The Environment Agency has resumed seasonal water quality testing at more than 400 popular swimming spots.

The results from last year showed a high quality, with 97.9 per cent of bathing waters in England meeting the agency’s tough standards. Furthermore 92.4 per cent of all locations, a total of 388, achieved a rating of excellent or good.

The Environment Agency tests quality at every official bathing water to help maintain and improve high standards and inform visitors.

Just 28 per cent of sites in the early 1990s would have met the highest standards today.

Water companies have invested over £2.5 billion on projects aimed at improving water quality at swimming beaches. These companies have signed up to Environment Agency proposals to improve 24 bathing waters between 2020 and 2025.

Helen Wakeham, head of water quality at the Environment Agency, said: “Water quality has improved at English beaches over the last two decades giving locals and tourists a better experience as well as benefiting the environment.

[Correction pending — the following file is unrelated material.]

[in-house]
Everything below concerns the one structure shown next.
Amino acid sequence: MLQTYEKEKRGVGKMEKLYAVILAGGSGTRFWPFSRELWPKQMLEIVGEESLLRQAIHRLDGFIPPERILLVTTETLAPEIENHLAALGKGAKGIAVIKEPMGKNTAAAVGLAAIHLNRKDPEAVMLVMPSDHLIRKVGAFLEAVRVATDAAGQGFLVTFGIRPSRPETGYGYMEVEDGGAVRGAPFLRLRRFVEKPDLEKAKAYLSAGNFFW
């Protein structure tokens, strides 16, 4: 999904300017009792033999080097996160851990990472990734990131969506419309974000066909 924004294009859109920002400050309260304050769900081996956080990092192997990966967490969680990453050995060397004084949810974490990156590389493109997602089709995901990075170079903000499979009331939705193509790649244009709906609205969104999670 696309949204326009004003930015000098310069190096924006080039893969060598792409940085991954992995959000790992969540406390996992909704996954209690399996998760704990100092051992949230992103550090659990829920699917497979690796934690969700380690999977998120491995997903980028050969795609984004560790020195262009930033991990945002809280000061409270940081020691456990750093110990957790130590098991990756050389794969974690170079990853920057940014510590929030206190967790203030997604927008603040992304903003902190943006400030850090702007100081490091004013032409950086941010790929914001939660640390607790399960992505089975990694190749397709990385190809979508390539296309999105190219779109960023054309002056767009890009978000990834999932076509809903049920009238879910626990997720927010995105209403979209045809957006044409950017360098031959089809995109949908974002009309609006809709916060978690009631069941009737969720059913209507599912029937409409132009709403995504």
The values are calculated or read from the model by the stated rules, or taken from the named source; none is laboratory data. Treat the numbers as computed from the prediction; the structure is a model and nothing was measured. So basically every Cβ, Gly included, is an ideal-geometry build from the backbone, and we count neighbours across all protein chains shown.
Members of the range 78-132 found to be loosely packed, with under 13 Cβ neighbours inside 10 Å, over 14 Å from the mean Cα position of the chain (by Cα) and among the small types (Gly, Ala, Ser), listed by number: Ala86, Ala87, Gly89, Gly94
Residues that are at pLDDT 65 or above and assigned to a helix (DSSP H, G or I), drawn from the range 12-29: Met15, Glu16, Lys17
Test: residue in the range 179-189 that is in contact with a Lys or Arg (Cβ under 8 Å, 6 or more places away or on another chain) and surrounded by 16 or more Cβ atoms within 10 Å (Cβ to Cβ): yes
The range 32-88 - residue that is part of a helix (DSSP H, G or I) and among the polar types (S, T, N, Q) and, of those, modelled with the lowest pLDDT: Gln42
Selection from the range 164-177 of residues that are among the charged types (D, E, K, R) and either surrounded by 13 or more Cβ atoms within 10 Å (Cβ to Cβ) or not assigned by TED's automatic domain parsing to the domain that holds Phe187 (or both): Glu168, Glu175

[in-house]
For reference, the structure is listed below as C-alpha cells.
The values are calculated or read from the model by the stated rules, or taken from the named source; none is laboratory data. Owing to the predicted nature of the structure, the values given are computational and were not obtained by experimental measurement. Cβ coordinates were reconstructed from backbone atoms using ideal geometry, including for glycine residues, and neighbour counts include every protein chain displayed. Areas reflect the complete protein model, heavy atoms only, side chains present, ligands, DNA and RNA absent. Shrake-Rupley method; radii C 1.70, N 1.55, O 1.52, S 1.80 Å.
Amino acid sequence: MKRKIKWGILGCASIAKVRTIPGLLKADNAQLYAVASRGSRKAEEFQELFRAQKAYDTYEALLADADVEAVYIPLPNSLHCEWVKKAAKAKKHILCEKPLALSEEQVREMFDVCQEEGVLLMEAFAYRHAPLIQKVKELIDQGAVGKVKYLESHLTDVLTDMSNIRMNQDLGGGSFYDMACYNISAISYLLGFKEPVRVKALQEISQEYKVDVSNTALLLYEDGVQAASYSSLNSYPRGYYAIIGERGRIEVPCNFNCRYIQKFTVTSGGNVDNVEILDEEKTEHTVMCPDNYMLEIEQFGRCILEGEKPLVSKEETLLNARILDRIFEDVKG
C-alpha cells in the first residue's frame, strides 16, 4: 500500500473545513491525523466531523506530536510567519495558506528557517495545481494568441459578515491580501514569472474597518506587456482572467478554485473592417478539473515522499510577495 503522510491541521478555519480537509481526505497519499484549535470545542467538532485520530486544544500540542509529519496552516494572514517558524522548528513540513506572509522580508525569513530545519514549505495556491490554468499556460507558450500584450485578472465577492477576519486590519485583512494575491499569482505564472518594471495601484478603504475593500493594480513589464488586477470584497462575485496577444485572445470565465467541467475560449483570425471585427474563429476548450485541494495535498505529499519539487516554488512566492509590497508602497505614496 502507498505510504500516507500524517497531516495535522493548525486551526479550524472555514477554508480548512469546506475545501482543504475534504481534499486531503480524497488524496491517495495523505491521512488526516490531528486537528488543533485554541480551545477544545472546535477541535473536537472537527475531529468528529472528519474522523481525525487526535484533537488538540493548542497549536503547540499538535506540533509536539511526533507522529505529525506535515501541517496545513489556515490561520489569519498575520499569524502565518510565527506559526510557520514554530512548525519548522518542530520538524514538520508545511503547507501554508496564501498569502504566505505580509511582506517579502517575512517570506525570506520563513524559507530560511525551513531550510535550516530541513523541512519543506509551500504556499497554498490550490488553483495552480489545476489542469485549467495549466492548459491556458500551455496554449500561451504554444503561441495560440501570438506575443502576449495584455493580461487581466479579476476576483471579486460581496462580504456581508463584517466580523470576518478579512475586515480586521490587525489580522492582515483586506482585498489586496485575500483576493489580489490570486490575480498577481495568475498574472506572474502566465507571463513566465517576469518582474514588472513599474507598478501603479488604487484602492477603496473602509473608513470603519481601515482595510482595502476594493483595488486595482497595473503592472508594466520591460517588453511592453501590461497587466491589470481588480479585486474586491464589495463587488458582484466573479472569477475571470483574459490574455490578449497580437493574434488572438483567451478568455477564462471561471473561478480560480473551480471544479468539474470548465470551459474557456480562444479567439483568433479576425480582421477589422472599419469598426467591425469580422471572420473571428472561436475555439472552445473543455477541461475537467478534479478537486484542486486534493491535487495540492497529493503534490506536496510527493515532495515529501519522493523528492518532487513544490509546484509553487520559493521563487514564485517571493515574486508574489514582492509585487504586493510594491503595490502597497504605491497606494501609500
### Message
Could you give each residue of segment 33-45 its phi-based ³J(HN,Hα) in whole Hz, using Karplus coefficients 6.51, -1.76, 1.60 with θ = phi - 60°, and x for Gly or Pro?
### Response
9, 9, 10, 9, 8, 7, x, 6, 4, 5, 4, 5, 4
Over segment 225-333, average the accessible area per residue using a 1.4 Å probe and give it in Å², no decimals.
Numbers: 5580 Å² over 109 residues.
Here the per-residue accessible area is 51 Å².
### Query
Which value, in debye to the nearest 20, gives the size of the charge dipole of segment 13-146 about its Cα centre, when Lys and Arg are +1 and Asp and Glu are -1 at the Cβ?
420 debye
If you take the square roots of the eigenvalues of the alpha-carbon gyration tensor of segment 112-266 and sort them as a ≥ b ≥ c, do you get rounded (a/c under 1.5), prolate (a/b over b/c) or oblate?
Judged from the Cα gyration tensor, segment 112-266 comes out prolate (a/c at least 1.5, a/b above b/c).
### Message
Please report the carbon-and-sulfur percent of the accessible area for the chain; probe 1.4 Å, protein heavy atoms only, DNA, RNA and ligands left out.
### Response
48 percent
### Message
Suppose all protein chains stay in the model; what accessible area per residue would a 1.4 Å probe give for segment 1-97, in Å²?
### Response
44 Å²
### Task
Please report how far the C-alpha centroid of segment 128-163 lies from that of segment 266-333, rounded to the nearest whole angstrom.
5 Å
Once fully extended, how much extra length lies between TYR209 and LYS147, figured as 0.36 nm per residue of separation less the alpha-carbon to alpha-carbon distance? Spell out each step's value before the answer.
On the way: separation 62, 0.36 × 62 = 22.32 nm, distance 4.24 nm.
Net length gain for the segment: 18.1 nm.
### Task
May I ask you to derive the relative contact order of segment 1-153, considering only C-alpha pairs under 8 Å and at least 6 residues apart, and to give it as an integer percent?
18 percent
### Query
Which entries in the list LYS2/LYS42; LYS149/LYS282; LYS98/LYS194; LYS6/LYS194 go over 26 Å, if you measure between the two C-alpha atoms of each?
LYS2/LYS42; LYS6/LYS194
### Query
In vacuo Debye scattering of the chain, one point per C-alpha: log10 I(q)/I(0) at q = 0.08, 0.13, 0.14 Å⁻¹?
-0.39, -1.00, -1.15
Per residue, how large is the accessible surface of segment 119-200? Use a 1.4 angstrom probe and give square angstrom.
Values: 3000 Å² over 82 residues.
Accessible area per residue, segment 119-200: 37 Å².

“Improving water quality at our beaches is a fantastic achievement and is a testament to the work of Environment Agency staff, water companies, local authorities, farmers, volunteers and NGOs. It shows what energy and commitment can achieve for the environment and people.”

“Water quality test data is published on the Environment Agency’s website and notifications of water quality issues for over 350 locations in the UK are available via the Safer Seas Service app, so we urge people to check as part of planning your trip to the beach.”

Pollution from sewage and agriculture are often the most significant factors affecting water quality, although there is some local variation.

In a speech to the Waterwise conference in March, Environment Agency chief executive, Sir James Bevan, warned that the country faced water shortages within 25 years if steps are not taken to improve.

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